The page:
It’s Friday afternoon, and Dr. Julie Bradshaw is just finishing “an absolutely mad week.” That’s not surprising – besides being a life coach, swim coach, motivational speaker, certified Neuro-Linguistic Programming trainer, and part-time university lecturer, she’s an accomplished open water swimmer who recently wrapped a record-breaking fundraising relay in Lake Windermere, England’s largest. An eclectic CV, perhaps, but it’s unified by a confidence, curiosity, and sense of responsibility that, as her own achievements indicate, can benefit anyone in any discipline.
Here are a few takeaways that we’ll remember from our conversation with Julie:
1. Find Internal and External Motivation.
Two things motivate her: personal challenges and helping others. Personally, she’s inspired “to achieve something no person has ever done,” such as her record-setting triple-crossing of Loch Ness in 2005. “I always like to have goals,” she says unassumingly.
As for aiding others, Julie started at age 15, when her first English Channel crossing raised money to help establish Trinity Hospice. (She’s still in touch with its founder, Dr. David Cooper.) A separate contest – “Guess the time of the Channel swim!” – raised money for her school to purchase a minibus.
Her most recent Windermere relay is still raising funds for Rainbows Hospice for Children and Young People; she dedicated her legs of the swim to the memory of her friend, Susan Taylor, who died last year during an English Channel crossing, also to benefit Rainbows. “It’s nice, if you’ve got skills, to use them for a good purpose.”
2. Keep it Close to Home.
They say home is where the heart is, so it follows that our most impassioned achievements would play out there. Julie often returns to the waters of Lake Windermere, which she considers "a second home." “Lake Windermere is where I started all of my swimming” on holidays with her family. Unfortunately, it’s more than three hours from her primary residence; to stay in marathon-swimming condition, she installed an Endless Pool in her home garden some 10 years ago.
“It’s ideal for me,” she says. When training for “longer endurance swims,” she can “simulate it in my Endless Pool” – swimming against the pool’s smooth current closely resembles the waves of open water, she feels, and the lack of required flip-turns builds endurance.
Mostly, she prizes her Endless Pool for its convenience. “Where I live [Loughborough, centrally positioned in Great Britain], it’s very difficult to find open water. … It’s a great time saver. I would never dream of going to the [public] pool for half an hour.” But having the Endless Pool in her garden makes frequent quick swims possible.
She also likes the adjustable speed; she can quicken the pace for freestyle, and then slow it down for butterfly, often considered the most challenging stroke and the one for which she’s best known. She swam butterfly exclusively on many swims, including her record-breaking circumnavigation of Manhattan Island in 2011 and a 2006 crossing of Ireland’s Lough Erne.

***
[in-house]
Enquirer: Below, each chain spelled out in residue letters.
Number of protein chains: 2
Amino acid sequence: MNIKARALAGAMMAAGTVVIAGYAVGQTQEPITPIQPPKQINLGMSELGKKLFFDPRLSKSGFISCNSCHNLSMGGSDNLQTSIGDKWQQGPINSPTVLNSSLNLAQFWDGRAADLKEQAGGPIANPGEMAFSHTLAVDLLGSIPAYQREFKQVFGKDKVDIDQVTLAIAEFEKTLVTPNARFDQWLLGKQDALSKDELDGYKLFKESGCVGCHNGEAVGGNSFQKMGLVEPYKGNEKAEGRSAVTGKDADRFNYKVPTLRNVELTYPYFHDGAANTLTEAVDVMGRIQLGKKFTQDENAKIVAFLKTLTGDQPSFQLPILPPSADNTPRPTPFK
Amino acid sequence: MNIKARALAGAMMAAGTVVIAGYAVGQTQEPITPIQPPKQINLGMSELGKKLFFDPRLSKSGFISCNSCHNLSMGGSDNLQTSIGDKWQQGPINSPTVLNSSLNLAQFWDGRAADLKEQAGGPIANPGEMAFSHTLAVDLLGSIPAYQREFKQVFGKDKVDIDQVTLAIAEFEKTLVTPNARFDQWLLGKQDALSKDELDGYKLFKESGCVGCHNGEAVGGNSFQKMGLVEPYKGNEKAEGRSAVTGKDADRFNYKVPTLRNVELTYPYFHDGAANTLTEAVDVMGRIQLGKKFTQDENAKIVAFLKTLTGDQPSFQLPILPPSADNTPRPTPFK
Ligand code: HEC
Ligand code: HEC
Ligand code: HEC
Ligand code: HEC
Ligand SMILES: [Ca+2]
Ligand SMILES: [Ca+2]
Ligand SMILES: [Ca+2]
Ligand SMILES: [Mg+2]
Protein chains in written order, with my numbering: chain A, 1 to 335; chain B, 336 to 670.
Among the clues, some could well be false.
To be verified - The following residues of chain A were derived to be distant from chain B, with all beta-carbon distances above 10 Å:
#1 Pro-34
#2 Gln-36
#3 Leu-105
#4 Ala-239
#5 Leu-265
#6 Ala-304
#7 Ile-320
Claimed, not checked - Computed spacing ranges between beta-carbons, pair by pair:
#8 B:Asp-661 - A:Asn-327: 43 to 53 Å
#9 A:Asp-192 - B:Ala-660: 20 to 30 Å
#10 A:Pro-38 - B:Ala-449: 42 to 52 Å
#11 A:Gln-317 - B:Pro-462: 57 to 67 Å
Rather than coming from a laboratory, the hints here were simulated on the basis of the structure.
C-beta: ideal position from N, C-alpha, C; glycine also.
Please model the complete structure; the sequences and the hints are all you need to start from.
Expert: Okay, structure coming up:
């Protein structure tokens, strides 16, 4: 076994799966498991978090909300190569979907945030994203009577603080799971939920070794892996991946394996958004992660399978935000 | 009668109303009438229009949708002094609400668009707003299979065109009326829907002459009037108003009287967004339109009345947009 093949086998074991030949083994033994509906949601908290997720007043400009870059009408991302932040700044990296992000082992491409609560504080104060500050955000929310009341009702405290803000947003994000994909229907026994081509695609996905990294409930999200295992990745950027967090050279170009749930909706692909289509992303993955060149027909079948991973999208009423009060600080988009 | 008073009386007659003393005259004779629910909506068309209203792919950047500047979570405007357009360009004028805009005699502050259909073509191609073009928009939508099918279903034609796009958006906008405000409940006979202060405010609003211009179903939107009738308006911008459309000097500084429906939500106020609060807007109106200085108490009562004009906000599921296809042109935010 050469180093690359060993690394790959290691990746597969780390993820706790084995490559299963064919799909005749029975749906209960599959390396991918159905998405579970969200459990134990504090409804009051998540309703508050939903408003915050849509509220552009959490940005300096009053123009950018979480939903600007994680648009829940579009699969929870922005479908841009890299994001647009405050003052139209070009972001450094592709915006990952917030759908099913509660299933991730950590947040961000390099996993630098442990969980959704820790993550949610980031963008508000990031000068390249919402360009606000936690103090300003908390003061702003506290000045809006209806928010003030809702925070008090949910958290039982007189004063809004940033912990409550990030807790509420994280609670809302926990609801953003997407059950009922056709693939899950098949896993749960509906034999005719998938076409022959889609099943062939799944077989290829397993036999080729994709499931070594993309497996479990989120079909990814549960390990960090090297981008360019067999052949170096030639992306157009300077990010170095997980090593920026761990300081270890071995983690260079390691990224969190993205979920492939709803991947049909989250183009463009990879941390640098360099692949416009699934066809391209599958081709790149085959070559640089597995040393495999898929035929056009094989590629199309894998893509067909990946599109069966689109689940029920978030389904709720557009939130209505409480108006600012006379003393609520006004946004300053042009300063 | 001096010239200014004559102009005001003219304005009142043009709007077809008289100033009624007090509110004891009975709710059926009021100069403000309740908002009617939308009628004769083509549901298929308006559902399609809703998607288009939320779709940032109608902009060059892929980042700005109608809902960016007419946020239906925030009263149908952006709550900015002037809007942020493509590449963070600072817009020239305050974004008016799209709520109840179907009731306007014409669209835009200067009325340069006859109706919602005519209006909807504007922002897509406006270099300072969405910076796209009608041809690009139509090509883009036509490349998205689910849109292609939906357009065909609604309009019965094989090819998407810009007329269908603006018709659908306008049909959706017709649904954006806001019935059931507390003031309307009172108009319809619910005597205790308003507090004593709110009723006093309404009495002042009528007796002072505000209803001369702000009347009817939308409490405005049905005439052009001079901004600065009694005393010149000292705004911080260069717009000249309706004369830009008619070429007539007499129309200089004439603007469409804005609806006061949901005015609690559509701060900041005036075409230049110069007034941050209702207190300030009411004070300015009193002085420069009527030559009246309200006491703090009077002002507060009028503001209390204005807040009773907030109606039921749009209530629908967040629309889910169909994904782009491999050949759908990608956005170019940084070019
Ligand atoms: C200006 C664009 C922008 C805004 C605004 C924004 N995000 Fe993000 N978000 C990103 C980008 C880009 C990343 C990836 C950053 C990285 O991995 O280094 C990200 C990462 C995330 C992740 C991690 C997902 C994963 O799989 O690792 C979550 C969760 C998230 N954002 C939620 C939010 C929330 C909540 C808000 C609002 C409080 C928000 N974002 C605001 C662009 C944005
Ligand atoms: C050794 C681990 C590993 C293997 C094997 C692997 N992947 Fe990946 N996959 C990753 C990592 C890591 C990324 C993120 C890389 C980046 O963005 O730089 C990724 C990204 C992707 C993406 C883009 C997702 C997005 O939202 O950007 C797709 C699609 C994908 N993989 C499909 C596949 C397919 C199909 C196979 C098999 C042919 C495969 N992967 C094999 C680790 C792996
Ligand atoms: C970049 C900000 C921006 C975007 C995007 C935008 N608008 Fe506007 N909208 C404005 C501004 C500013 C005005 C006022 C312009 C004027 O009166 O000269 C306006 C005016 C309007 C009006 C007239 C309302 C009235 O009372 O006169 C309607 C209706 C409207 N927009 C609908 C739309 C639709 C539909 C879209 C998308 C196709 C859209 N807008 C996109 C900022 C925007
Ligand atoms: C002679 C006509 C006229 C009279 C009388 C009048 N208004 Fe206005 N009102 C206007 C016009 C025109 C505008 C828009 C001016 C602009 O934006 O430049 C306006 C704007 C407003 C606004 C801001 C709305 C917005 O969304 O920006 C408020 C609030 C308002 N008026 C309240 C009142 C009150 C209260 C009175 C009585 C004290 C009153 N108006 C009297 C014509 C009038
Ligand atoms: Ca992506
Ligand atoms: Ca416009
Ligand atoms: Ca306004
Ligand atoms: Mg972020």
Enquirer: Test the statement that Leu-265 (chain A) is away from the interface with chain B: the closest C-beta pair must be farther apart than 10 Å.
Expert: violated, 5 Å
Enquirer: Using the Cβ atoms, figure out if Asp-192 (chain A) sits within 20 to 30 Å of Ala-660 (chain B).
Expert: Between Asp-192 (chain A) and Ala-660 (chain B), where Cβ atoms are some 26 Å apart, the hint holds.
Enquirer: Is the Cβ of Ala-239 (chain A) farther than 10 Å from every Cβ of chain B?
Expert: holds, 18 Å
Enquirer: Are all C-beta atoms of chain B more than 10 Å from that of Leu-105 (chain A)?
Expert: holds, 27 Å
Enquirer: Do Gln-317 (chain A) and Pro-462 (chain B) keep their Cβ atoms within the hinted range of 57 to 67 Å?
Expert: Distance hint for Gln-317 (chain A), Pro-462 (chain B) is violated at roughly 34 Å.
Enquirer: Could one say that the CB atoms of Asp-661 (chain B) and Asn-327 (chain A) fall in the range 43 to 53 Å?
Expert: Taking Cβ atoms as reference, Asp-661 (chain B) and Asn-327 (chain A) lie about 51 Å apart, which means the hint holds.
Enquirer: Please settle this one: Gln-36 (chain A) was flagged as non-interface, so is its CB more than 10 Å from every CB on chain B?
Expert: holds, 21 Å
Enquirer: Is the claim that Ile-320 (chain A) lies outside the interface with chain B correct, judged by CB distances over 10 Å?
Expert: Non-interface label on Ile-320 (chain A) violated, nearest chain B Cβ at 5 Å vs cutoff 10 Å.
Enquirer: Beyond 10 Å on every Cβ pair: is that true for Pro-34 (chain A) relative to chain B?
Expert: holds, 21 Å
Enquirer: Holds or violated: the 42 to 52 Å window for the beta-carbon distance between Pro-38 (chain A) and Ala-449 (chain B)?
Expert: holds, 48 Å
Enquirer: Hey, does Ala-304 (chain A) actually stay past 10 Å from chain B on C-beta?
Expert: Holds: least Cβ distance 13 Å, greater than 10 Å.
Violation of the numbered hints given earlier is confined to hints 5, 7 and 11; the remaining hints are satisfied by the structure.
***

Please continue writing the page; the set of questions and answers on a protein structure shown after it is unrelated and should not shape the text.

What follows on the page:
3. Try New Things.
Julie recently coached an accomplished musician for an open-water swim to benefit muscular dystrophy research. Despite the musician’s professional achievements, the swim “improved her confidence. She was able to believe in herself” in a new realm. Julie also sees benefit in that the new discipline “let her empathize” with others who struggle to learn a new skill.
4. Believe in Yourself.
Want to identify the biggest obstacle to your goals? Do what Julie does: look in the mirror. “If I can’t do something,” she observes, “it’s me that prevents me from doing it.”
5. Don’t Bother About Numbers.
Julie turned 50 earlier this year, and she shows no signs of slowing down. Of her milestone birthday, she remarks, “I don’t feel any different. … Some people bother about numbers. I don’t.”
When asked how many World Records she’s broken, she says she’s “lost count.” Her website reports 23; this month’s Windermere relay brings her total to 27, even though it fell short of the planned 14 legs. About half-a-mile into the 10th leg, one team member collapsed. “Obviously, it’s disappointing,” she says matter-of-factly. “At the end of the day, safety was paramount. We had to call it off.” Clearly, she's less concerned about this month's shortfall than about all she and her team members can achieve in the years to come.
6. Swim More.
What can you learn from swimming? “Teamwork springs to mind,” Julie says without hesitation. (Many of biggest swims have been relays.) She also cites determination, focus, and motivation as key life lessons developed in the water which carry over onto dry land.
With an Honorary Doctorate and an MBE (Member of the Most Excellent Order of the British Empire), both conferred in honor of her swimming and fundraising, they seem to be lessons both hard learned and well utilized.